The Preventive Medicine and Public Health Training Grant Program is authorized by Title VII, section 768 of the Public Health Service (PHS) Act, 42 U.S.C.
295c, as amended by Section 10501(m)(1) of ACA.
This announcement solicits applications for the Preventive Medicine and Public Health
Training Grant Program.
The statute authorizes the Preventive Medicine and Public Health Training Grant Program to provide funding to:
1 Plan, develop (including the development of curricula), operate, or participate in an accredited residency or internship program in preventive medicine or public health; 2 Defray the costs of practicum experiences, as required in such a program; and 3 Establish, maintain, or improve academic administrative units (including departments, divisions, or other appropriate units) in preventive medicine and public health or programs that improve clinical teaching in preventive medicine and public health.
The major emphasis of the Preventive Medicine and Public Health Training Grant Program is to increase the number of preventive medicine physicians and promote greater access to population-based healthcare.
The funding may be used to support resident costs, infrastructure and faculty development activities.
At least 75 percent of the funds must be used for trainee support, such as tuition for the master's degree in public health or other master's degree related to the preventive medicine specialty, fees, travel, and stipends (reasonable living expenses).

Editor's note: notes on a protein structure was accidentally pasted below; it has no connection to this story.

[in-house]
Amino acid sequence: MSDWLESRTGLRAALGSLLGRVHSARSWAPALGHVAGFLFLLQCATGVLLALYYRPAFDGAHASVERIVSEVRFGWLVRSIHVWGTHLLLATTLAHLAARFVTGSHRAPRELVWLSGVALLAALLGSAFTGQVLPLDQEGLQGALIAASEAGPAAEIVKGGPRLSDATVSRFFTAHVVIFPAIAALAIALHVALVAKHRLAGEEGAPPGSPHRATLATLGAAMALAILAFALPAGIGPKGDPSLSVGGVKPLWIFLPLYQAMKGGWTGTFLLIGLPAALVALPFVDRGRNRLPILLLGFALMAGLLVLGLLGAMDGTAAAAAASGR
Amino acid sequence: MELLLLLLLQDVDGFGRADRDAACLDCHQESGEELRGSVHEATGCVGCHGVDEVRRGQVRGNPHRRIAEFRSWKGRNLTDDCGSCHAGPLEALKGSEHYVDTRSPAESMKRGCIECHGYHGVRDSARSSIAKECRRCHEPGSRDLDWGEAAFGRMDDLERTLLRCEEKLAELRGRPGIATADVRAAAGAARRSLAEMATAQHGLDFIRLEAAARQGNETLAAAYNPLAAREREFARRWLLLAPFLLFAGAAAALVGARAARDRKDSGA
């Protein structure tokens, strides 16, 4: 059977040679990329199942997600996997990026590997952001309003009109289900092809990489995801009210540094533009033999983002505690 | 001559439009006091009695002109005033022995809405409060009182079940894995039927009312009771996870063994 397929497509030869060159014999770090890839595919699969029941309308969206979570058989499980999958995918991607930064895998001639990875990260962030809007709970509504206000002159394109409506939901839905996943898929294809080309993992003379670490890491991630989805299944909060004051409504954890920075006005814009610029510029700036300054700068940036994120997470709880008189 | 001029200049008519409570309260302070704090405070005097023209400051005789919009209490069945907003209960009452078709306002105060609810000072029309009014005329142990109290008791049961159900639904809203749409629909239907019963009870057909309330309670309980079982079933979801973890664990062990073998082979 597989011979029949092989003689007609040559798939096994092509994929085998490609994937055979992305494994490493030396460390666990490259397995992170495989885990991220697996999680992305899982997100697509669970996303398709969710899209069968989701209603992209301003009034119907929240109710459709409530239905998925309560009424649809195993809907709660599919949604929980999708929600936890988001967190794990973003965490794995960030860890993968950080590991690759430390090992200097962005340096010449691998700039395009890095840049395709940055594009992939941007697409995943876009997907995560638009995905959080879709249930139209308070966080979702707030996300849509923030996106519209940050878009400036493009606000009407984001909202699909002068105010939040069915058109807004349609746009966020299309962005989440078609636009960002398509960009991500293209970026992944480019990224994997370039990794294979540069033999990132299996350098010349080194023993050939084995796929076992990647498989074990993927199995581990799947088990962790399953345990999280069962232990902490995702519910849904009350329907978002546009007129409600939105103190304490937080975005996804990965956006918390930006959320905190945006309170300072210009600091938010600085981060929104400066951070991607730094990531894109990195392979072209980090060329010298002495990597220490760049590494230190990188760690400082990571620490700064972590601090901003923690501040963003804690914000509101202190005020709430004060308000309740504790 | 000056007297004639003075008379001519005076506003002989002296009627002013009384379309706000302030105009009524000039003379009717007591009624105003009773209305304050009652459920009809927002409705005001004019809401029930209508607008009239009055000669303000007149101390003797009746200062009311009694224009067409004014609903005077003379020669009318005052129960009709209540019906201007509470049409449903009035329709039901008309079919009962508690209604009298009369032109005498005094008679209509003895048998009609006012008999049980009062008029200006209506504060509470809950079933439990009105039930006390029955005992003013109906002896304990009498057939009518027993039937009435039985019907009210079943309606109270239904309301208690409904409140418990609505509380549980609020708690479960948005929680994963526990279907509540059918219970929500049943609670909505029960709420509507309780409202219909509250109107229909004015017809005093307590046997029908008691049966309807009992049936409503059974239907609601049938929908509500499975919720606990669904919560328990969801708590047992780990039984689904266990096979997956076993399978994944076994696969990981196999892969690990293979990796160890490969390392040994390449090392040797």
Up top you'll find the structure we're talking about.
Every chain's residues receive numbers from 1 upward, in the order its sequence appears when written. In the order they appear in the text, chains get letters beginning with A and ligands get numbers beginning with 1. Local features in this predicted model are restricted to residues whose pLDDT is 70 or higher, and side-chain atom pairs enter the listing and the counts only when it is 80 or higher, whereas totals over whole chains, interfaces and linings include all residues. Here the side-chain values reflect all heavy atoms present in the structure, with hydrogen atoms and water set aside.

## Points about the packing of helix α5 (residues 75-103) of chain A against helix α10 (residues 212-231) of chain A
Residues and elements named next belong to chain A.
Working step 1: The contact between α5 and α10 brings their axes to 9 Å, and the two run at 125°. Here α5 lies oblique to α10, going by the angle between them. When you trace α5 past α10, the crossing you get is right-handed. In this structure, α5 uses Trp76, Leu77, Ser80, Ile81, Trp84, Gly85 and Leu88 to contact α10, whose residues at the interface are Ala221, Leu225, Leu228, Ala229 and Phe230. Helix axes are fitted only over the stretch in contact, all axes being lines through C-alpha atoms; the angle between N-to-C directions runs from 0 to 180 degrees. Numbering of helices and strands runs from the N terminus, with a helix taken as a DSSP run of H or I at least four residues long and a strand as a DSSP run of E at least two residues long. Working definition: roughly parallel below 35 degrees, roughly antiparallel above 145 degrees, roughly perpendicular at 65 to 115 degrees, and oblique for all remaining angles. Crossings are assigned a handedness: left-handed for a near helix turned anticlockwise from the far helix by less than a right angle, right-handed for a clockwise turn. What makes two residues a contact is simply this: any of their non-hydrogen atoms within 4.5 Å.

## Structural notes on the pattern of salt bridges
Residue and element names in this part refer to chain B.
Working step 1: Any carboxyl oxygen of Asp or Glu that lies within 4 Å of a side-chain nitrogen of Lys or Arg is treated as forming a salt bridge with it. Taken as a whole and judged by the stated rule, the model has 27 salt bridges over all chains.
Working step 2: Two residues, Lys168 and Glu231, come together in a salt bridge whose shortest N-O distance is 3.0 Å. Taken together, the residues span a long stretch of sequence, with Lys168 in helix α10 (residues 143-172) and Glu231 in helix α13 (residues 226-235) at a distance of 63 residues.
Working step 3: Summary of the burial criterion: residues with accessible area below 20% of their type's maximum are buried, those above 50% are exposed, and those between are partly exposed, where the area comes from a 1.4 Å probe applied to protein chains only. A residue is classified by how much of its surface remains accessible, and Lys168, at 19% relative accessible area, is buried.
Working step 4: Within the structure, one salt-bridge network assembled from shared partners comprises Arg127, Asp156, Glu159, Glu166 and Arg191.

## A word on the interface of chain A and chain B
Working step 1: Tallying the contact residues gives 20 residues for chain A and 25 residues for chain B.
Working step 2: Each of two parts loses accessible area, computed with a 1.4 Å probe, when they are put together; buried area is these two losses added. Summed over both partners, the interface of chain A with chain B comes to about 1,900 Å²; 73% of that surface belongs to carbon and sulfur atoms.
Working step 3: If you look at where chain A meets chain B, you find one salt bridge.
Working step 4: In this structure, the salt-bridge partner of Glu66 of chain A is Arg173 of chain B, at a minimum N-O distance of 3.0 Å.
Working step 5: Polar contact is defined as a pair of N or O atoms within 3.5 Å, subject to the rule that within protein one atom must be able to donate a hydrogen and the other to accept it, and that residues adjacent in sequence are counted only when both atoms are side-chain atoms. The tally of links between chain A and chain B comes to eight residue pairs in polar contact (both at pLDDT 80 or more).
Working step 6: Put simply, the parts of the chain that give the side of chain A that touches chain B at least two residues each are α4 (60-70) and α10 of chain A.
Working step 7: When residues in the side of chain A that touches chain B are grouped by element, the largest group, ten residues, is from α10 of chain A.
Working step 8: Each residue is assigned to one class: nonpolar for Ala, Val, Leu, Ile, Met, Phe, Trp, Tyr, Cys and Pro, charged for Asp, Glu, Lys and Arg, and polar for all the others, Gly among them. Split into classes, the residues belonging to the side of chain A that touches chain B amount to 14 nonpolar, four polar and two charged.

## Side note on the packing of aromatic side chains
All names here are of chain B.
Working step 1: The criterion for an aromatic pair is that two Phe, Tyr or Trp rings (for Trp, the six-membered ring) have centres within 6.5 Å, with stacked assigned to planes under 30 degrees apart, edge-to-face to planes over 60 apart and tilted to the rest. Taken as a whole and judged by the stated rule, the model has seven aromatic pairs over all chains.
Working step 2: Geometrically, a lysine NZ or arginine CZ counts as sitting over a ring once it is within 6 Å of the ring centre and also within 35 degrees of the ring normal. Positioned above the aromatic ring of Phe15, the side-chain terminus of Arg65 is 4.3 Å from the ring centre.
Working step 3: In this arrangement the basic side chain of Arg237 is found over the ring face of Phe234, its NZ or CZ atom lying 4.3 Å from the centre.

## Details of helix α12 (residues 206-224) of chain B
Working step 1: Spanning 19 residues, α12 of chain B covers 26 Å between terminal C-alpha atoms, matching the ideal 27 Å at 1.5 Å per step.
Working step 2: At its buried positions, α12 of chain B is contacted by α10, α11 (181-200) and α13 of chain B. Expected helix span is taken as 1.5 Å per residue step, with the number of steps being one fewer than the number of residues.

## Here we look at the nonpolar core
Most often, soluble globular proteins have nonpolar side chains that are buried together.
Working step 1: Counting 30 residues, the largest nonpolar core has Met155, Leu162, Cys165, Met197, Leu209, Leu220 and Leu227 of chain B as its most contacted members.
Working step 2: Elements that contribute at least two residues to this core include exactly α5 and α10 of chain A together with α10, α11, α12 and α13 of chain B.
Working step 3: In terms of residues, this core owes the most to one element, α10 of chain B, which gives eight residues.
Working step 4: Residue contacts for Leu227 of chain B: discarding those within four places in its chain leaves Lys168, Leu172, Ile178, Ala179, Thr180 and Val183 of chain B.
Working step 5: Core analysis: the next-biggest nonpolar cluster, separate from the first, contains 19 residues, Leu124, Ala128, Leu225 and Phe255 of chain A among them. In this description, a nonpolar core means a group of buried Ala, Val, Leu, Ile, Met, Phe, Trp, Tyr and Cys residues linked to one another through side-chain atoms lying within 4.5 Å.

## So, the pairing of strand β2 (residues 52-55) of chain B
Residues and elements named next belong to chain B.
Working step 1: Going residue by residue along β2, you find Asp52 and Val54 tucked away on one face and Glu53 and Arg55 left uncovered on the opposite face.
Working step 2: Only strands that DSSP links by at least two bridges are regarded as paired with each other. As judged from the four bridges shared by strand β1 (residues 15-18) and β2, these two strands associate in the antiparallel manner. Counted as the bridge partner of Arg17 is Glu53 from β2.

Trainee support is limited to $75,000 per trainee per year of training for a maximum of 24 months, which includes the academic year and the practicum year.
For the five year project period, different cohorts of residents will be funded for a 24 month period.
Faculty development activities that may be supported include the participation of the project director and/or key faculty in professional development opportunities.
New residency programs, without accreditation status, can request up to $150,000 for the first year of the grant to plan and develop a residency program.
New programs must provide proof of their accreditation status by the end of the first year of support in order to continue to receive grant funds and to receive support for trainee costs.
Examples of activities that applicants may propose include innovations or enhancements to existing curriculum in areas such as collaborations with state and local health departments, community health centers and community hospitals.
Applicants can also address learning activities that integrate population health with primary health care, as well as propose activities that leverage learning opportunities on the knowledge of policy development, public health information technology, and quality; and enhancement of prevention research.
This program allows the Secretary of the Department of Health and Human Services (HHS), acting through the Administrator of the Health Resources and Services Administration (HRSA), and in consultation with the Director of the Centers for Disease Control and Prevention (CDC), to award grants to, or enter into contracts with, eligible entities to provide training to graduate medical residents in preventive medicine specialties